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Patterns of proliferative changes in crypts bordering colonic tumors: zonal histology and cell cycle marker expression.

Authors
  • Kristt, D
  • Winston, G J
  • Mellov, M M
  • Veltman, V
  • Koren, R
Type
Published Article
Journal
Pathology oncology research : POR
Publication Date
Jan 01, 1999
Volume
5
Issue
4
Pages
297–303
Identifiers
PMID: 10607925
Source
Medline
License
Unknown

Abstract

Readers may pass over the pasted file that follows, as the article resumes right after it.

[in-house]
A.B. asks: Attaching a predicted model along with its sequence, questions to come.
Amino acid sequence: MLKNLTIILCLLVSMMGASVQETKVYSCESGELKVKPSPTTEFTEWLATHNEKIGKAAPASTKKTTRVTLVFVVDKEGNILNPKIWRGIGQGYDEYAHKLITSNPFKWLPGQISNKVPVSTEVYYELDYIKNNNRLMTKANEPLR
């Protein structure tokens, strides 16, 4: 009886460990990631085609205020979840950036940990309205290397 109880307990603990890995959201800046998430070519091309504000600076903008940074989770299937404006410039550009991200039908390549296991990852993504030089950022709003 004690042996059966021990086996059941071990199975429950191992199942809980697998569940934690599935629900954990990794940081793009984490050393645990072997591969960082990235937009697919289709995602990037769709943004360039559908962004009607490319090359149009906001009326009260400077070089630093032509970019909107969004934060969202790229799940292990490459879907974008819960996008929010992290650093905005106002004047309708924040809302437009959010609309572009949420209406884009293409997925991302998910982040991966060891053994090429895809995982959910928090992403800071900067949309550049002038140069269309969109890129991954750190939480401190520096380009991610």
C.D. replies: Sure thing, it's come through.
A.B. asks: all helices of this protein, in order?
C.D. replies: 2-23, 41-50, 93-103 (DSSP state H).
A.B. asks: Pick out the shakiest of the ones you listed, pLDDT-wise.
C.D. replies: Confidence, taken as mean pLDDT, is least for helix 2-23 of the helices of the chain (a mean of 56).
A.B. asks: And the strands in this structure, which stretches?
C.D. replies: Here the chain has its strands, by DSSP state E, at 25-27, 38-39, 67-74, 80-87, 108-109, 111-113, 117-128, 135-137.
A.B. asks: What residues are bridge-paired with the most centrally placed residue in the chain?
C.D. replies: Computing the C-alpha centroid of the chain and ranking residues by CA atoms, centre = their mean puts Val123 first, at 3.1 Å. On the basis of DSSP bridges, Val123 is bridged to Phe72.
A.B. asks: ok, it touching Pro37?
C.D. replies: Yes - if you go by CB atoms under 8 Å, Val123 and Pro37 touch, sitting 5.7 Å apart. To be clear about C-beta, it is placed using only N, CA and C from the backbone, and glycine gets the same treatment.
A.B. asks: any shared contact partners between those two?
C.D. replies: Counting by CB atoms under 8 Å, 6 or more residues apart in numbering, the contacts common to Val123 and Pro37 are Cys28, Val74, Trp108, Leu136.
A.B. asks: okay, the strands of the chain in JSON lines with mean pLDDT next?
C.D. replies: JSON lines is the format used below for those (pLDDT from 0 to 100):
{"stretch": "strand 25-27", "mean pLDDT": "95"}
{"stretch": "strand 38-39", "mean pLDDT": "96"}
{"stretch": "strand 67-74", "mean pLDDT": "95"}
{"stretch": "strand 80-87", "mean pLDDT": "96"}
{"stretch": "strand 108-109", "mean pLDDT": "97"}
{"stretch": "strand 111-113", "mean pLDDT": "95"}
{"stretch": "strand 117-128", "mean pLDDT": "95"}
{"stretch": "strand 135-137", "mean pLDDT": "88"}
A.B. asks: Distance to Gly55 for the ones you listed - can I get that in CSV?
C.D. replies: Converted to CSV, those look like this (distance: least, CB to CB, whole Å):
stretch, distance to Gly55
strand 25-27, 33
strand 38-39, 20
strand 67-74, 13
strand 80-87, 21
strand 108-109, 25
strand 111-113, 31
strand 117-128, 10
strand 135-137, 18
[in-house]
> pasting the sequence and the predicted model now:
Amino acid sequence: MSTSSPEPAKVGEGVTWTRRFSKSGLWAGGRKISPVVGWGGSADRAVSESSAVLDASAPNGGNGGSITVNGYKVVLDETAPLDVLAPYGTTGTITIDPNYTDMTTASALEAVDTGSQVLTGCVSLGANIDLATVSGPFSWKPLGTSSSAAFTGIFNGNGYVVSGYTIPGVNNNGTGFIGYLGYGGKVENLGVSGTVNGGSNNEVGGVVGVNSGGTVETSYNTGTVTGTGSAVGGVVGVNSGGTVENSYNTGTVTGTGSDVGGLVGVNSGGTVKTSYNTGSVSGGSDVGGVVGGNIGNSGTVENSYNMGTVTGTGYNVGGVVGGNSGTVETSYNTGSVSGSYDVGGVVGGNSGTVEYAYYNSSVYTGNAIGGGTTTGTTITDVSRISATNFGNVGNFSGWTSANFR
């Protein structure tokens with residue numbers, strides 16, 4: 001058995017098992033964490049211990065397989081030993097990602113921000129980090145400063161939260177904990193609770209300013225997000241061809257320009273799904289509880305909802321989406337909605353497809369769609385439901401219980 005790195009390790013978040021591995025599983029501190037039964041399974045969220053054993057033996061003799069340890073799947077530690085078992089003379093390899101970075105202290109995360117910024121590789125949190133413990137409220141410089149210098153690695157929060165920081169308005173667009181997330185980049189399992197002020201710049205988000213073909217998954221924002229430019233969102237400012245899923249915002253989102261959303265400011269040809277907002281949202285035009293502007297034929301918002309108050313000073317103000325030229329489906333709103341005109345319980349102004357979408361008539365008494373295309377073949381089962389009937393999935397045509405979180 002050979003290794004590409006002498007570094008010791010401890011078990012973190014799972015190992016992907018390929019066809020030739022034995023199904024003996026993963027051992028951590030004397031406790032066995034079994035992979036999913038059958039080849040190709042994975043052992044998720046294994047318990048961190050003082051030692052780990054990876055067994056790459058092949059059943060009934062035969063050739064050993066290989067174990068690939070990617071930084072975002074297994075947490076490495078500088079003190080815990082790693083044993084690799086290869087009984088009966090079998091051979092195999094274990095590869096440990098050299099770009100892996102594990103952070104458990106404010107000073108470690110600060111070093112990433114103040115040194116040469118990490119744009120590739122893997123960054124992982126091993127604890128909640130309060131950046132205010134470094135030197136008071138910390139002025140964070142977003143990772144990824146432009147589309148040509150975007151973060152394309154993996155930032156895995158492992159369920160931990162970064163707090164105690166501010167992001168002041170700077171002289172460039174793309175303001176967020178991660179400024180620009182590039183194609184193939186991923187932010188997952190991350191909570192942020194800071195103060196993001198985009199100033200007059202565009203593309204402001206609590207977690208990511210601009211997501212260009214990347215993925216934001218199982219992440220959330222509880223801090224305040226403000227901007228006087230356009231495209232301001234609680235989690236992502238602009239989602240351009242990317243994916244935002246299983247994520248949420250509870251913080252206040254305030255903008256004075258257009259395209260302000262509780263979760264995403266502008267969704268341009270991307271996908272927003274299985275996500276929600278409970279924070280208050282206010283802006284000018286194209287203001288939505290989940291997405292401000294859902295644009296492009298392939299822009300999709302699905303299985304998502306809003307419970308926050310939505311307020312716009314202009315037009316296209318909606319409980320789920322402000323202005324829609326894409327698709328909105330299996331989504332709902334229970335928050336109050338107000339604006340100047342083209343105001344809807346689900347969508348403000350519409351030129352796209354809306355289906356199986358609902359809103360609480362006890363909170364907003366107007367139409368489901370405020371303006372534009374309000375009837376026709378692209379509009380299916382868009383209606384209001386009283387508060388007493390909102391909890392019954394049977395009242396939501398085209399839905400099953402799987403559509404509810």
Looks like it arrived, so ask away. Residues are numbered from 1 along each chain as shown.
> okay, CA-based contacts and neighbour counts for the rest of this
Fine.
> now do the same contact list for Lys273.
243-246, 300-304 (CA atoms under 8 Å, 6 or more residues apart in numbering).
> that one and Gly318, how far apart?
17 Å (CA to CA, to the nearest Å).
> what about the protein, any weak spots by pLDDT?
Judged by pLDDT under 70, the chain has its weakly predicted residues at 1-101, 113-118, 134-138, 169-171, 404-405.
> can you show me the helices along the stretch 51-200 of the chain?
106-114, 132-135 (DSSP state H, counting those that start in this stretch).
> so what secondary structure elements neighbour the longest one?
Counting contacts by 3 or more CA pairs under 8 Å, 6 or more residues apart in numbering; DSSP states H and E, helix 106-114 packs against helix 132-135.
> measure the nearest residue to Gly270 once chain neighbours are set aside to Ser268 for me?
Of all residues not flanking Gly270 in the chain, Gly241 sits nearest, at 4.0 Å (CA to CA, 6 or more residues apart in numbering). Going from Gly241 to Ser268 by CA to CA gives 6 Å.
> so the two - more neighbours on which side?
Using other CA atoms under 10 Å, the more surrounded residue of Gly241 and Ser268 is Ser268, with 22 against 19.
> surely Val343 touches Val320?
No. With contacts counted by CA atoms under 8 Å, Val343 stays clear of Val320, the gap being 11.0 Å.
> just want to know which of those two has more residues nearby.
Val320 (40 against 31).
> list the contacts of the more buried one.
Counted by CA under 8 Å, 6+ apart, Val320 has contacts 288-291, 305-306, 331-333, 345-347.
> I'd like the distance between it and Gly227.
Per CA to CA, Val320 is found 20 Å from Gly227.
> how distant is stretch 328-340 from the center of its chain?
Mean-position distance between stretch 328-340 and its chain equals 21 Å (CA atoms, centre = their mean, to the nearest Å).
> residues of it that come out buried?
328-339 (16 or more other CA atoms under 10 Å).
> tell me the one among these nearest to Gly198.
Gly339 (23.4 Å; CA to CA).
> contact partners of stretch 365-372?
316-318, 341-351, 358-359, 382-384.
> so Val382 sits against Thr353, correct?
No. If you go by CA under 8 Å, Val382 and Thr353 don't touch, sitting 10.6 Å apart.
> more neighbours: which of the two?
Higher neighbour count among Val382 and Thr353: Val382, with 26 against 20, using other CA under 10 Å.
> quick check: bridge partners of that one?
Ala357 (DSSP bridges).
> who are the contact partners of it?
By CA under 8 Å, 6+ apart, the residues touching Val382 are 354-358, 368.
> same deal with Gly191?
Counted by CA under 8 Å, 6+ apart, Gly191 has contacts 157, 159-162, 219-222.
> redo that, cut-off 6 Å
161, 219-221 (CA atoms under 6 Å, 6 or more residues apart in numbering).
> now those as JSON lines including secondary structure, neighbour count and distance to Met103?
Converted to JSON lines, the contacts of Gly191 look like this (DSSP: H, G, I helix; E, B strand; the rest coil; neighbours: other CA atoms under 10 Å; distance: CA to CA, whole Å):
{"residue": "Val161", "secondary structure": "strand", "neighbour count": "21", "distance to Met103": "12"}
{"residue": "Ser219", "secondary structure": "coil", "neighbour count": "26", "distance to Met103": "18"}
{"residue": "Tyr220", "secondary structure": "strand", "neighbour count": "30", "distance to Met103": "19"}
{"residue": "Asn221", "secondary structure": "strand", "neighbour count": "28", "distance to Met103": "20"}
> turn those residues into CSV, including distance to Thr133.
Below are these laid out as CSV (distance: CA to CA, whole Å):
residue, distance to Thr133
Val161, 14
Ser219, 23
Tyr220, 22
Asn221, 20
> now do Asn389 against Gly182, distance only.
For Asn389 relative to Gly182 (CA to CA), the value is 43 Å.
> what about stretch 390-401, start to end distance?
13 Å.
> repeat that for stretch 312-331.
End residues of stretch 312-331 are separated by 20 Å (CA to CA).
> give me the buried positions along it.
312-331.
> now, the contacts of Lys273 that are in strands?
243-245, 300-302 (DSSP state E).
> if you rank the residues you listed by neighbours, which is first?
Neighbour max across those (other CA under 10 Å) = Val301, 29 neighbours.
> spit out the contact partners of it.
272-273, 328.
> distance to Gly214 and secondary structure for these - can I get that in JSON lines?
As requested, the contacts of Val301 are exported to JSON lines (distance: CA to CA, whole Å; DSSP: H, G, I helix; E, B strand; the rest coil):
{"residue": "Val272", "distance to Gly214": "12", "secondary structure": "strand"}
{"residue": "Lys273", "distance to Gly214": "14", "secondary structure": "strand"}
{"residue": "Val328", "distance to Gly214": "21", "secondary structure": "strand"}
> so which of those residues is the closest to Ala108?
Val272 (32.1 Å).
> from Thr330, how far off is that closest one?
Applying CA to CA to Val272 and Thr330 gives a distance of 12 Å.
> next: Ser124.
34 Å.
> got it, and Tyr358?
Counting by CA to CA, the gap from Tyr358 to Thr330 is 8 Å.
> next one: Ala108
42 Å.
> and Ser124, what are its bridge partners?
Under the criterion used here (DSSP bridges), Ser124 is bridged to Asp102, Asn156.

Proliferative crypt changes have been noted in mucosa bordering colonic carcinomas, but their biological significance is disputed. We anticipated that zonal patterning of histological changes and cell cycle marker expression would provide clues to the pathogenesis of these border changes. 81 specimens were examined including carcinomas, adenomatours polyps, adenomas with early carcinoma, flat adenomas and aberrant crypt foci. The spatial distribution and frequency of micro-architectural features, and mucosal thickness were determined in a border domain of 150 300 sequential crypts/specimen. Immunocytochemical expression of Ki67 and p53 antigens in crypts also was semi-quantitatively examined. We found that in 100% of carcinomas two histologically abnormal zones (Proximate and Middle) separated tumor from normal mucosa. Differences in the feature frequency between zones were statistically significant (p<0.05). Both zones showed mild increases in crypt cell expression of Ki67, with a statistically significant relationship to zonal patterning (p<0.005). Weak expression of p53 only appeared in rare cells. Crypt elongation with mucosal thickening (1.9x normal, p<0.001) in the Proximate and Middle zones distinguished carcinomas from border changes in all benign lesions, except flat adenomas. Since this change occurs in all cases of carcinoma, there is no correlation with tumor stage or grade. Also in carcinomas, elaborate complexes of attached crypts (connected crypt structures) were characteristic of the Middle zone, so that proximate zone was always architecturally simpler. We conclude, that despite continuous carcinoma growth, the invaded border mucosa maintains a prototypical zonal organization of molecular and histological crypt changes This spatially organized reaction pattern is likely to reflect an interplay between regulated growth and destructive processes in response to advancing carcinoma. Compared to the edges of benign colonic tumors, the edges of carcinomas are distinctive and consistent enough to be diagnostically useful.

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